Representing Poverty Upstate
from her job at The Marriot. Six children and one grandchild
under her roof entitle her to Medicaid benefits. When her
daughter, Kayla gave birth to her first child at 15, Deb was
given custody of the grandchild and the baby's Medicaid card was
added to the family's pile. Photograph © Brenda Ann Kenneally
Considered in terms of poverty rate, the string of cities that stretch across New York State - Buffalo, Rochester, Syracuse, Utica, Albany/Schenectady/Troy - are a disgrace. On this dimension New York is sandwiched right there between Oklahoma and Alabama. It has the 12th highest poverty rate of all 50 states and has far and away the highest rate of poverty in the northeast. But the statewide poverty rate of 14.3% is positively rosy relative to the situation here in upstate.
In Rochester, the city where I teach, 29.1% of the population lives at or below the poverty rate. Of children in the city, the rate explodes to 48.7%. The percentage of families in the city subsisting at half the official poverty rate is just over 17%. The rates vary, but not by much for the other upstate cities I mentioned above. (The national poverty rate for the entire U.S. is 12.4%, surely bad enough, but it is less than the rate for New York as a whole and nothing compared to Rochester or any of the other upstate cities.) You can refer to this report from the Fiscal Policy Institute in Albany for figures. And this study by The Brookings Institution shows that the rate of concentrated poverty among the working poor in Rochester is not only deplorable but increasing.* During the period 1999-2005 the rate of concentrated poverty in the city increased more than 13%, the fourth highest increase in the nation. The impact of such poverty, as political scientists Michael Dawson and Cathy Cohen established a decade and a half ago, extends beyond its dire direct effects on the health and well-being of individuals to collective consequences, especially a pronounced dampening of political participation.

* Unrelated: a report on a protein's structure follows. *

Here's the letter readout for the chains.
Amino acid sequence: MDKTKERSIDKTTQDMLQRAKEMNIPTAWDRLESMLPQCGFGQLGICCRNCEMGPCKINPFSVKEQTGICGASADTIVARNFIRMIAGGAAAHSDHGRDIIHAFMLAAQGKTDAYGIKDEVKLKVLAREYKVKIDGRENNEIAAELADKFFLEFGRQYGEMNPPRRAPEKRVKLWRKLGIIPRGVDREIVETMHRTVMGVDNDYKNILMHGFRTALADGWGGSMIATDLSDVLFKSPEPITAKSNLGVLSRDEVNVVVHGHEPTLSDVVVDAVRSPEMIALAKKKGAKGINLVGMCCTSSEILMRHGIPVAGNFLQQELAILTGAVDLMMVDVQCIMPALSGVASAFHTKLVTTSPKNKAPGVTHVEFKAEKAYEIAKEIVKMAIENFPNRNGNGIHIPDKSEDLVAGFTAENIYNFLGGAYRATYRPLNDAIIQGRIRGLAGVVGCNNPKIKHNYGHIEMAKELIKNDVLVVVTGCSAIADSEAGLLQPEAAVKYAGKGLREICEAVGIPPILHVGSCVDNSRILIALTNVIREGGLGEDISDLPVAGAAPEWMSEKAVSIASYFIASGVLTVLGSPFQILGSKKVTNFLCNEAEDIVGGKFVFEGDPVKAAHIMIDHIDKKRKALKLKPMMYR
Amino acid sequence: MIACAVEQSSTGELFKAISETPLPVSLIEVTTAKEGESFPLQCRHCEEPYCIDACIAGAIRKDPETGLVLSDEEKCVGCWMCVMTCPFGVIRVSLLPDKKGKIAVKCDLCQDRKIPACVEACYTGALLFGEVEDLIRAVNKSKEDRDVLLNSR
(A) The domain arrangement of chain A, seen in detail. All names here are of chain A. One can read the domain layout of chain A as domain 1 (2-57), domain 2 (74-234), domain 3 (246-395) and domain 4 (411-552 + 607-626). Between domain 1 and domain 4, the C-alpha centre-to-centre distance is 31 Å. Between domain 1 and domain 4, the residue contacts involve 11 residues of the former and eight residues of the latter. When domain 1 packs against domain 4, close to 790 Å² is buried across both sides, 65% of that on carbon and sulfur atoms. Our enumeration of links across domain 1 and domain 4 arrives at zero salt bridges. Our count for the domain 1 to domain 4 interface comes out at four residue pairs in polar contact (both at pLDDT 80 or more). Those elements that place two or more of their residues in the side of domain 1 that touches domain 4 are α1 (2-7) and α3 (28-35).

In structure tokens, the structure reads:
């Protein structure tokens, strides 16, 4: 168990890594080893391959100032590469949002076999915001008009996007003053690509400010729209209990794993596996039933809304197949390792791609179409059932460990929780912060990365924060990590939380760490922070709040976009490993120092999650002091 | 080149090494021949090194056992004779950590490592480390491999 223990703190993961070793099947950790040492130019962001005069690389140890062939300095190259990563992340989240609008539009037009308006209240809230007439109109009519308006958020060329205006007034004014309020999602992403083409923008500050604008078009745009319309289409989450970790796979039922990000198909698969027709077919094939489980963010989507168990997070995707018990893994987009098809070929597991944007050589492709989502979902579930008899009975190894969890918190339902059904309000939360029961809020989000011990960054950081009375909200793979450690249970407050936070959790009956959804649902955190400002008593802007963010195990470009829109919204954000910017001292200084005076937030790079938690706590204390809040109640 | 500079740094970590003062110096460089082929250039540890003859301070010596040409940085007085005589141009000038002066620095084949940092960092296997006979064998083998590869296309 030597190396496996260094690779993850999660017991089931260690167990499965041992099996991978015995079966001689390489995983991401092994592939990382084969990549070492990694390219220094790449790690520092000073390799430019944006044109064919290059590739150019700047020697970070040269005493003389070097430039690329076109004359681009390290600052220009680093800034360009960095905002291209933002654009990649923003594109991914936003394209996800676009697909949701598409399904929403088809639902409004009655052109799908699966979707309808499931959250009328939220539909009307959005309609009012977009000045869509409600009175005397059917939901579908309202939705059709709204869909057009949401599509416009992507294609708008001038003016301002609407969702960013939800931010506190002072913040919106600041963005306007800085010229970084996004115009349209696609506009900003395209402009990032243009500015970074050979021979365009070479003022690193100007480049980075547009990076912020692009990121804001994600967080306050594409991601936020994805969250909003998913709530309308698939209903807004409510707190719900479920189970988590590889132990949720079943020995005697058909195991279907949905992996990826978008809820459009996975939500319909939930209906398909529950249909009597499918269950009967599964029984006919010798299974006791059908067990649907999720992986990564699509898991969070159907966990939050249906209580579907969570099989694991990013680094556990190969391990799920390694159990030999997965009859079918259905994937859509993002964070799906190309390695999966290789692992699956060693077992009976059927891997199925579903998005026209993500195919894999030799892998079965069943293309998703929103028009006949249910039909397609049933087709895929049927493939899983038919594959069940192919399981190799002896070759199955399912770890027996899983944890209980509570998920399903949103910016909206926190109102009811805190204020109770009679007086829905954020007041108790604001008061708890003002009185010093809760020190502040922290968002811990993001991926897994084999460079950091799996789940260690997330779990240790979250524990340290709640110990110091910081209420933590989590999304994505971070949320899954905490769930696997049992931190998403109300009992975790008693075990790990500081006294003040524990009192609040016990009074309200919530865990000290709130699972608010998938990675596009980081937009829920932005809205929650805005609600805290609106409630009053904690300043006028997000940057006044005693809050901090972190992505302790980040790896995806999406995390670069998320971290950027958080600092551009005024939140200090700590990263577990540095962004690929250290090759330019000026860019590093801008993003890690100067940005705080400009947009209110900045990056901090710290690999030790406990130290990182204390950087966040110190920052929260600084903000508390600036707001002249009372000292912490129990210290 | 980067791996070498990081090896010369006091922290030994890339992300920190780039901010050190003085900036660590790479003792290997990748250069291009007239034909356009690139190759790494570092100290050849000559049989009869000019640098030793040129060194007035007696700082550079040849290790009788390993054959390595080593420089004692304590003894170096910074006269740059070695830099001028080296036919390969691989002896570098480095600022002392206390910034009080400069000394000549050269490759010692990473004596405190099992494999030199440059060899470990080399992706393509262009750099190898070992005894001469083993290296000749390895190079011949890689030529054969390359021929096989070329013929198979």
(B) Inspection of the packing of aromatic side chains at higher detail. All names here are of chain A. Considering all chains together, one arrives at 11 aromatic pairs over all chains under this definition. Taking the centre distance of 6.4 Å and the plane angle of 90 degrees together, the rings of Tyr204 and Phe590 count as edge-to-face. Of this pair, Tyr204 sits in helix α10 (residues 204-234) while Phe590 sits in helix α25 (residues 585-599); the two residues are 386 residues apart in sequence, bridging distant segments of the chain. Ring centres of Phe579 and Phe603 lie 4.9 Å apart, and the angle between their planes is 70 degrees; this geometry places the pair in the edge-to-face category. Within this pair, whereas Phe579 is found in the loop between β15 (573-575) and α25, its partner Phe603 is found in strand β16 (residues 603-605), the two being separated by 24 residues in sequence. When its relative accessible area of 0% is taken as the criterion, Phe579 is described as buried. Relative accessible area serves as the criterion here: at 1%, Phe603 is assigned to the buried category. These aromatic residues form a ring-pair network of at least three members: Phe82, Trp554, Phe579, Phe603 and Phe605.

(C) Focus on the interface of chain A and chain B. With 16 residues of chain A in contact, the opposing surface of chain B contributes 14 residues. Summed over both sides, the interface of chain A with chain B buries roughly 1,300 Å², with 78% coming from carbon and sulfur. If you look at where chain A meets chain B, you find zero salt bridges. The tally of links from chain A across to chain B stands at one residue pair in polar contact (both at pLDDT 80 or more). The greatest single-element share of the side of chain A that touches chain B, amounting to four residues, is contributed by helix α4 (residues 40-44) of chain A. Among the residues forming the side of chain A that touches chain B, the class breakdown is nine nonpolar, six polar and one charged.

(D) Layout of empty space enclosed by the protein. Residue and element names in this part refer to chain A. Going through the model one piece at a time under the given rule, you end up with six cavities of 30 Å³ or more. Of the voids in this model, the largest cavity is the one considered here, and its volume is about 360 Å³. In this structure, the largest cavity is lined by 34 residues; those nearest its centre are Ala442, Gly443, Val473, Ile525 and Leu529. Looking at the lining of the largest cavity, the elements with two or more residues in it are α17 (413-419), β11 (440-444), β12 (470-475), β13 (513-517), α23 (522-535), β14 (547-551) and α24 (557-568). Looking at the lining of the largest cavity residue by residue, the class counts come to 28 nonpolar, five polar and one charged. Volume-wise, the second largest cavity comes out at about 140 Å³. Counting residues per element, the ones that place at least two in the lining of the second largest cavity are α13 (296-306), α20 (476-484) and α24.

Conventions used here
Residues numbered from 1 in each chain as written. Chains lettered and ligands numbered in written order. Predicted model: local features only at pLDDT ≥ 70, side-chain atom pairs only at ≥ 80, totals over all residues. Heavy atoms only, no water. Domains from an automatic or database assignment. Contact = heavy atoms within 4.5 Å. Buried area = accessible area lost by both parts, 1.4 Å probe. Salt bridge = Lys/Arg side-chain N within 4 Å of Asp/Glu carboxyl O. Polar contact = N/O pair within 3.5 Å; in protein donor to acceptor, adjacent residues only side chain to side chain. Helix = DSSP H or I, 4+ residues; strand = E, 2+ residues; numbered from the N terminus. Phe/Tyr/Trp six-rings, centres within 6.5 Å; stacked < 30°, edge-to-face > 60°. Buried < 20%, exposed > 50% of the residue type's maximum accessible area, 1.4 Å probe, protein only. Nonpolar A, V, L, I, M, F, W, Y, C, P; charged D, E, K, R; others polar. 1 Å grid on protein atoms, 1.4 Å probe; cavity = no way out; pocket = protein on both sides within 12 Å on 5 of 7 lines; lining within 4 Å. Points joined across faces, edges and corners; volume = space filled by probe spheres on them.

The numbers are numbing. They show, however, the depths of the poverty that Brenda Ann Kenneally depicts in her harrowing work, much of which is set in her own home town of Troy. Kenneally recently won the 2008 Canon Female Photojournalist award. Her project Upstate Girls won the 2007 "Community Awareness Award" from Picture of the Year International; you can find the series (from which I lifted the image above) here. You can find even more of her work here.
Note to Obama supporters: I have said this here before   but it bears repeating. When you hear your candidate talk about faith-based initiatives - let's be honest, about charity - as the centerpiece of official anti-poverty efforts, a cursory look at the numbers for upstate cities or even a brief consideration of Kenneally's photography immediately should give you a sense of just how clueless he really is. When you hear him derided as "liberal," you should immediately start to grasp just how far to the right American political discourse has swung.
* Concentrated poverty is measured by the percentage of Federal tax filers in a specified area (a zip code) who are eligible for the Earned Income Tax Credit. Note that one has to be working to file with the IRS.